'No R. Shlomo construction for 2 yrs'

PMO downplays pledge, says building wasn't meant to begin yet anyway.

By ASSOCIATED PRESS, JPOST.COM STAFF
May 10, 2010 01:57
4 minute read.
Mitchell waves to the press before his meeting wit

Mitchell waves 311. (photo credit: Associated Press)

 
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The US State Department issued a statement Sunday saying the Palestinian Authority and Israel are taking steps to create an atmosphere conducive to successful talks, with Israel committing itself not to build in Jerusalem’s Ramat Shlomo neighborhood for two years.

“Special Envoy Mitchell left the Middle East on Sunday, after completing the first round of proximity talks with Israeli and Palestinian leaders. The talks were serious and wide-ranging,” the statement read.

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“Both parties are taking some steps to help create an atmosphere that is conducive to successful talks, including [Palestinian Authority] President [Mahmoud] Abbas’ statement that he will work against incitement of any sort, and Prime Minister [Binyamin] Netanyahu’s statement that there will be no construction at the Ramat Shlomo project for two years,” the statement continued.

“They are both trying to move forward in difficult circumstances and we commend them for that.”

Netanyahu explains decision on northern J'lem neighborhood

Soon after the State Department released the statement, sources close to Netanyahu released a statement of their own, explaining the commitment regarding Ramat Shlomo, the northern Jerusalem neighborhood where plans to build 1,600 new homes were publicized during Vice President Joe Biden’s visit here in March, triggering a crisis in US-Israel ties.



According to the sources close to Netanyahu, the prime minister announced during Biden’s visit that for all practical purposes, the planning process for Ramat Shlomo would continue for another year, and actual construction would only begin in a number of years.

“A description of that situation was made known to the American administration,” the sources said.

In fact, just before Biden delivered his supportive parting speech at Tel Aviv University, which Jerusalem erroneously thought signaled the end of the Ramat Shlomo crisis, the Prime Minister’s Office put out a statement that read, “The Prime Minister informed the Vice President that this specific project [Ramat Shlomo] had moved through various planning stages over several years. The final approval process will in all likelihood take more than a year and the beginning of actual construction would likely take several years.”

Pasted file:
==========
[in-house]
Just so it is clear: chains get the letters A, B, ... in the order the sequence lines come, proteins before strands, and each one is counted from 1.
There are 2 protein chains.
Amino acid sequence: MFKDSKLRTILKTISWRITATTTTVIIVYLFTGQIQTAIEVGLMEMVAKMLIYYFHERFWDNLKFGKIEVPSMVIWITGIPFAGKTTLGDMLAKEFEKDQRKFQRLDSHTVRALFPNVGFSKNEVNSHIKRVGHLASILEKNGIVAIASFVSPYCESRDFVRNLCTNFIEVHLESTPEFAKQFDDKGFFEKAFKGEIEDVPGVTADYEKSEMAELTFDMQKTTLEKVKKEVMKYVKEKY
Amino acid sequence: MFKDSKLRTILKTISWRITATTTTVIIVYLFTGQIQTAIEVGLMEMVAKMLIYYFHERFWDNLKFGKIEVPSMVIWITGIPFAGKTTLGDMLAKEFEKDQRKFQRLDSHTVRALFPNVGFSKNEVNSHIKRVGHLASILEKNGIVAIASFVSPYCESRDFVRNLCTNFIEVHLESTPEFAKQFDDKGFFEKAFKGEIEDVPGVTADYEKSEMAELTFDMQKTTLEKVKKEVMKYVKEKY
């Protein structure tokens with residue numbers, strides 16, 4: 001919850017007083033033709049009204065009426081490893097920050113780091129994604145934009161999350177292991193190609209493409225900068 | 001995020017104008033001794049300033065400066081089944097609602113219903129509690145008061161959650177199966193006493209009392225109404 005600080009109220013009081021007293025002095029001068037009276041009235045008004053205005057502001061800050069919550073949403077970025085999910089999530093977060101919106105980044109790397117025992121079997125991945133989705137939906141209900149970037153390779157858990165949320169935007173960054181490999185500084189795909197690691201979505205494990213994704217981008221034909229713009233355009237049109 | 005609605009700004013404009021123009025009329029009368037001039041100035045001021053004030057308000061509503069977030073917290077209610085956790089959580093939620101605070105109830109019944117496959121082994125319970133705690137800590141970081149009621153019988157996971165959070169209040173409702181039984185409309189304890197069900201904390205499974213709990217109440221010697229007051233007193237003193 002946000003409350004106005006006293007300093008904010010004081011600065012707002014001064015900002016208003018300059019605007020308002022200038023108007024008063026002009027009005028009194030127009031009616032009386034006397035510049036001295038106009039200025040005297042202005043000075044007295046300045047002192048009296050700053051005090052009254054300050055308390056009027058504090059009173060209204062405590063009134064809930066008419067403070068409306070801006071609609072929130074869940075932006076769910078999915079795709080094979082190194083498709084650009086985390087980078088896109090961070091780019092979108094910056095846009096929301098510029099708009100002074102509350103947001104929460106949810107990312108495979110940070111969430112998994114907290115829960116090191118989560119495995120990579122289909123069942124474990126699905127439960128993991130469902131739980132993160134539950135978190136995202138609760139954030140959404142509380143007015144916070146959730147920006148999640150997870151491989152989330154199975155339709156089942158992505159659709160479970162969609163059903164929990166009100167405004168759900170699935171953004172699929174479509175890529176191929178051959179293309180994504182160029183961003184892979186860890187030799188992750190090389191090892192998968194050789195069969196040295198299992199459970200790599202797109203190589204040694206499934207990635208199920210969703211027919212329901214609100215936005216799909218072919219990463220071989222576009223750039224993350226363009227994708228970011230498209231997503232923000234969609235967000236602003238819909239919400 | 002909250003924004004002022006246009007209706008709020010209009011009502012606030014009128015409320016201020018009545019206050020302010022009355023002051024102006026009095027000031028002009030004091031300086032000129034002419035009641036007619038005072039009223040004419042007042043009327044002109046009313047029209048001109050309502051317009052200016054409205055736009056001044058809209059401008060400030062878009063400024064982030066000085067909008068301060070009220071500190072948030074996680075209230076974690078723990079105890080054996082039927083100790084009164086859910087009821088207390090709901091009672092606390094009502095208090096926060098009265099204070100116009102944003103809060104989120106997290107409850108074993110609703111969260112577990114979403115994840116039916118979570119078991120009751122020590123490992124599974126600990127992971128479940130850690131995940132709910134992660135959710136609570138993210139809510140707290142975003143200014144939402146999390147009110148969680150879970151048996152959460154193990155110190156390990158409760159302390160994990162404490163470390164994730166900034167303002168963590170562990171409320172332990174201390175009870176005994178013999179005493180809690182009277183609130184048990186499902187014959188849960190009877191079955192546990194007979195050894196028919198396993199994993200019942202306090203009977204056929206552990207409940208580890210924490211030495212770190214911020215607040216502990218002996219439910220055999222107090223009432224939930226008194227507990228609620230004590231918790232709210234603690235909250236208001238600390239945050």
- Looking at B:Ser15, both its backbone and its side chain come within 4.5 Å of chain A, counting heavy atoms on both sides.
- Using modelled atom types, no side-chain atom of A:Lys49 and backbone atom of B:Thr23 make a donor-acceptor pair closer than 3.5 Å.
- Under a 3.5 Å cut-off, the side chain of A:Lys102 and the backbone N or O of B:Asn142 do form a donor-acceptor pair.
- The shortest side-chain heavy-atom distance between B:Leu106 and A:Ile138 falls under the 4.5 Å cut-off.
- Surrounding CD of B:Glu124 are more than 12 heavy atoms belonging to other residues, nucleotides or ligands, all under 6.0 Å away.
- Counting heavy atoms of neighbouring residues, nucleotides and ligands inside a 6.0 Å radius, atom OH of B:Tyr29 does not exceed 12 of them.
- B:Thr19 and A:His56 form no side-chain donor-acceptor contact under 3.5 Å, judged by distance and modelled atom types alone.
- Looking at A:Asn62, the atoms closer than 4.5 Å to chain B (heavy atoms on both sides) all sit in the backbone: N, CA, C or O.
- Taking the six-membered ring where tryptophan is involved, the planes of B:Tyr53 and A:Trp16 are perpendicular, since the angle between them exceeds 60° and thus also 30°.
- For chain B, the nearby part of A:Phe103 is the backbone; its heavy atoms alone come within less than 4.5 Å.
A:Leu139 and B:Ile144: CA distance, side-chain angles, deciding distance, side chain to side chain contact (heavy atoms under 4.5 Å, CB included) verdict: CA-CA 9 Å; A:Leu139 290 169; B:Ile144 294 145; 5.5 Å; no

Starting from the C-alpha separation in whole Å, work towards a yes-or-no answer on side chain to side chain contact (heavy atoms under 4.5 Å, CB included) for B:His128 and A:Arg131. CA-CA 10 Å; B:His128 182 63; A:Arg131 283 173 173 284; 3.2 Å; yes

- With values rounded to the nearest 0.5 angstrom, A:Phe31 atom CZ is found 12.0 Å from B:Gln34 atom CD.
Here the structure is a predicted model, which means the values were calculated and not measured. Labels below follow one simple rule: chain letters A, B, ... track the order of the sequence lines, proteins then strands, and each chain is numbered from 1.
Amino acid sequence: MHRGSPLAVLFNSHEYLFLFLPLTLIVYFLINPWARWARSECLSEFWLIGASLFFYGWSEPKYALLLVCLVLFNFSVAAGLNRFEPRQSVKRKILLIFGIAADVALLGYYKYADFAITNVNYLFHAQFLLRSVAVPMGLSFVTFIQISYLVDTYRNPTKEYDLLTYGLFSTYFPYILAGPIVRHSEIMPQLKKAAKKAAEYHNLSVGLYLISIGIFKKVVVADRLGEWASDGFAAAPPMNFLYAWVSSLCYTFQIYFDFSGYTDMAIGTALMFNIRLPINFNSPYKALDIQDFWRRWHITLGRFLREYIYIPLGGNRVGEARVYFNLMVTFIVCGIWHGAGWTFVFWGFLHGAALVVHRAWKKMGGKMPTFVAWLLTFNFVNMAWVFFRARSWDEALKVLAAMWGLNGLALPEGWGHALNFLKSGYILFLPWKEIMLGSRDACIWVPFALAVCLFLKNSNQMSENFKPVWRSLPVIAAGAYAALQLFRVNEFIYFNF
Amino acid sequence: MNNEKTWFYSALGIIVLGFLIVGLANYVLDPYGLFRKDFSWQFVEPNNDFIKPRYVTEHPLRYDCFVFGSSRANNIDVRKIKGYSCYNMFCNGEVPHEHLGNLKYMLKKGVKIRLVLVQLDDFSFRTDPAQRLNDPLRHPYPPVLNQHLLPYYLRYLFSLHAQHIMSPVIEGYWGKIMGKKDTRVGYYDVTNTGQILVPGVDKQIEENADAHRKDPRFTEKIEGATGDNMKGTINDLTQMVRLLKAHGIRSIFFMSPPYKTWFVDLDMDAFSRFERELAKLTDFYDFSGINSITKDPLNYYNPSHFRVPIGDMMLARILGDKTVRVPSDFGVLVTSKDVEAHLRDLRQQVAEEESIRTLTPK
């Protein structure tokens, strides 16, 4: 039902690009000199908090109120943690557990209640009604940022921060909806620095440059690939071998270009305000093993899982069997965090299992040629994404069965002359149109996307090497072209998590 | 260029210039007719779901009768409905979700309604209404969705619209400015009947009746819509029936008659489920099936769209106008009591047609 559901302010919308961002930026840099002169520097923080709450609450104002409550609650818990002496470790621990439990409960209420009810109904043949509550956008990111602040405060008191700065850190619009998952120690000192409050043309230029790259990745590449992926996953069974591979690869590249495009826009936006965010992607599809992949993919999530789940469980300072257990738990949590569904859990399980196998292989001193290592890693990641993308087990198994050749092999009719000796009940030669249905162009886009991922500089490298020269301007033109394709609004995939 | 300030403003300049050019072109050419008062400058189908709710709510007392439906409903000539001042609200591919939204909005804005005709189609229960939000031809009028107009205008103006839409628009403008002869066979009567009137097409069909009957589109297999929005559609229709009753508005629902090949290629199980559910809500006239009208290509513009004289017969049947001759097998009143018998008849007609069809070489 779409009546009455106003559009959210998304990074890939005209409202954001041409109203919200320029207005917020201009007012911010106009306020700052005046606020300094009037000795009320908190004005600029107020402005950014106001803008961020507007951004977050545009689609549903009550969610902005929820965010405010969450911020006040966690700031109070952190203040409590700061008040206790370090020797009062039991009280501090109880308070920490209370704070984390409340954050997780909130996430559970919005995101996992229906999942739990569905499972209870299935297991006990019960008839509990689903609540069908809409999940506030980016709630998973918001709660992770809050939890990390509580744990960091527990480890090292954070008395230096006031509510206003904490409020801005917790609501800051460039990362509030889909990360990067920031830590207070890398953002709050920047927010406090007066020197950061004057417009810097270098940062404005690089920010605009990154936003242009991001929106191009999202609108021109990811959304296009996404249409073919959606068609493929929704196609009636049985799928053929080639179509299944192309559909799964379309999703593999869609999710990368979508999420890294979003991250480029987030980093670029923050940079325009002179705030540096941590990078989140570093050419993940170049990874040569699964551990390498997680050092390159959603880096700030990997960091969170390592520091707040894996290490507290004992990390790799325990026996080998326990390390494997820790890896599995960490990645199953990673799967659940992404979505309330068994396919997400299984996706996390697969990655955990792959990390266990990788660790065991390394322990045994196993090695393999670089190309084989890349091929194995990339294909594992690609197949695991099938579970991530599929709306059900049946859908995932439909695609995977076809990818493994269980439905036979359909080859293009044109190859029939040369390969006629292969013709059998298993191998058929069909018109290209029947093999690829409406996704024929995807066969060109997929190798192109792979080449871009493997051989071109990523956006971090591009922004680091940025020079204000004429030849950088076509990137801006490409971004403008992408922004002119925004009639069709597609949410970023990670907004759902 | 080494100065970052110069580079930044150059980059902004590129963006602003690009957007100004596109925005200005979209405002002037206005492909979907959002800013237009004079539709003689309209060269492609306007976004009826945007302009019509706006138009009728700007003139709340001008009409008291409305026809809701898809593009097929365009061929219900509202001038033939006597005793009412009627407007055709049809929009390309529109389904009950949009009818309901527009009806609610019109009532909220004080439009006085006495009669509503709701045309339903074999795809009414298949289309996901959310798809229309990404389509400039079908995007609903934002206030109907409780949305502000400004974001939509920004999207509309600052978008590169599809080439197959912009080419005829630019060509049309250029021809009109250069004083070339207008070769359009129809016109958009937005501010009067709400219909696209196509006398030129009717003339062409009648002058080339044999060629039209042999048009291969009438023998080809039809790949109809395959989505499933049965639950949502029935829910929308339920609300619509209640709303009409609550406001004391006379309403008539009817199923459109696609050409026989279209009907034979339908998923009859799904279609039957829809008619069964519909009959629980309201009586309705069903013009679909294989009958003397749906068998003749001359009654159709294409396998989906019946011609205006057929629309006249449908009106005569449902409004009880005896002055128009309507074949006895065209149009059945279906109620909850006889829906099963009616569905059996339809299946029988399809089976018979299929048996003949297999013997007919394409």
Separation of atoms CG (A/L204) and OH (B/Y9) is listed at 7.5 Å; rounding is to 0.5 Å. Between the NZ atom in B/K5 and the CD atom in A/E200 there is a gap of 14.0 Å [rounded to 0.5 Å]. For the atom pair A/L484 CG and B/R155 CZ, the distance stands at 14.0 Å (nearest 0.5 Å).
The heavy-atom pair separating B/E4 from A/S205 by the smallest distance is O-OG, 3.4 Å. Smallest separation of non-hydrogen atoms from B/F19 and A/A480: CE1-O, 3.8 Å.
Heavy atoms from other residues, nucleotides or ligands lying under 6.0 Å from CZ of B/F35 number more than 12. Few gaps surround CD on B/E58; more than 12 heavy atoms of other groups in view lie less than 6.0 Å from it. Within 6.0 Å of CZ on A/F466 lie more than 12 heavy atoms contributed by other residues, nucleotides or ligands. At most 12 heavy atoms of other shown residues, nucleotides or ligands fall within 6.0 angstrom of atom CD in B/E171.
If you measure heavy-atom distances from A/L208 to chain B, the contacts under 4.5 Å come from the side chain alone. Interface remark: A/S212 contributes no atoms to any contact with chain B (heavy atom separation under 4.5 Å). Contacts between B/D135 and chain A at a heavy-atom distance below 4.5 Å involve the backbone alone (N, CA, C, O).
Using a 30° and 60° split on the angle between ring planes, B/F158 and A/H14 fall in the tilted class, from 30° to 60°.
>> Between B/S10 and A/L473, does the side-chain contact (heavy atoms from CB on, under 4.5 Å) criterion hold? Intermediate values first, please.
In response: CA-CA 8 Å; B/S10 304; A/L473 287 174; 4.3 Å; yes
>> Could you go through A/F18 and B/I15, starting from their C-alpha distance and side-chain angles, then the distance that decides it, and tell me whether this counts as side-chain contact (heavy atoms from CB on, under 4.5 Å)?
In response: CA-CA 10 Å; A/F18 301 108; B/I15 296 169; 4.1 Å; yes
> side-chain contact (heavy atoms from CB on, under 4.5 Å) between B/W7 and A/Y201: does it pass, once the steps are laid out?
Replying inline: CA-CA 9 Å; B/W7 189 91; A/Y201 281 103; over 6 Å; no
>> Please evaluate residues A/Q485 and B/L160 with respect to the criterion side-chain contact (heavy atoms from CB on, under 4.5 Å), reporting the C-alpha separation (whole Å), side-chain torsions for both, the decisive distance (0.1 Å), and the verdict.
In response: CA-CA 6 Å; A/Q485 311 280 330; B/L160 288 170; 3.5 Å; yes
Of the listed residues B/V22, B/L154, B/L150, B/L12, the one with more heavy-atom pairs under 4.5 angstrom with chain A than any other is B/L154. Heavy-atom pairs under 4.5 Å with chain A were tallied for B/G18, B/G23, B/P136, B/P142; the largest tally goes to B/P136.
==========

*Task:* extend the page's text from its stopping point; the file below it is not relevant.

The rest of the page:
That statement, according to sources close to Netanyahu, served as the basis for Sunday’s State Department statement about Ramat Shlomo. This was an important clarification for the PMO since, in recent days, Netanyahu’s spokesmen had said repeatedly that he made no commitment to a construction freeze in Jerusalem.

US: We have received commitments, made assurances

According to the State Department statement, the US had received “commitments from both sides, and we have made assurances to both sides, that are enabling us to move forward. The full scope of these discussions will remain private.”

Sources close to Netanyahu sought, however, to clarify that these commitments did not pertain to Jerusalem, saying that Netanyahu has “made it clear throughout that construction and planning in Jerusalem will continue as usual, just as has been the case with every Israeli government in the last 43 years, and no Israeli commitments were given on this matter.”

Regarding other commitments, the sources said Netanyahu said he would be willing to initiate Israeli “gestures” during the talks, in parallel with signs of “good will” from the Palestinians.

The State Department statement also contained a thinly veiled threat: “As both parties know, if either takes significant actions during the proximity talks that we judge would seriously undermine trust, we will respond to hold them accountable and ensure that negotiations continue.”

Mitchell, according to the statement, will return next week to continue the proximity talks, and “emphasized the importance of making progress in these talks to enable the parties to move to direct negotiations that will result in a two-state solution to the Israeli-Palestinian conflict. Our overall goal remains a comprehensive peace in the Middle East.”


PM calls for direct talks, Erekat digresses

Netanyahu, while again welcoming the PA’s agreement to enter indirect peace talks, said it was inconceivable that decisions on critical issues would be made without the sides sitting in the same room.

“Peace cannot be made from a distance or by remote control, especially given that we and the Palestinians are neighbors,” the prime minister said at the opening of Sunday’s weekly cabinet meeting.

“Over time it is inconceivable that we will make decisions and agreements on critical issues such as security and our national interests, and theirs as well, without sitting together in the same room,” he said. “Therefore, as soon as possible, the proximity talks will need to lead to direct talks in which we will continue the effort to reach the peace and security that will enable us to live alongside the Palestinians for generations.”

PA negotiator Saeb Erekat, meanwhile, said after Mitchell met Abbas on Sunday that direct talks would only be possible were Israel to impose a complete freeze on settlement construction.

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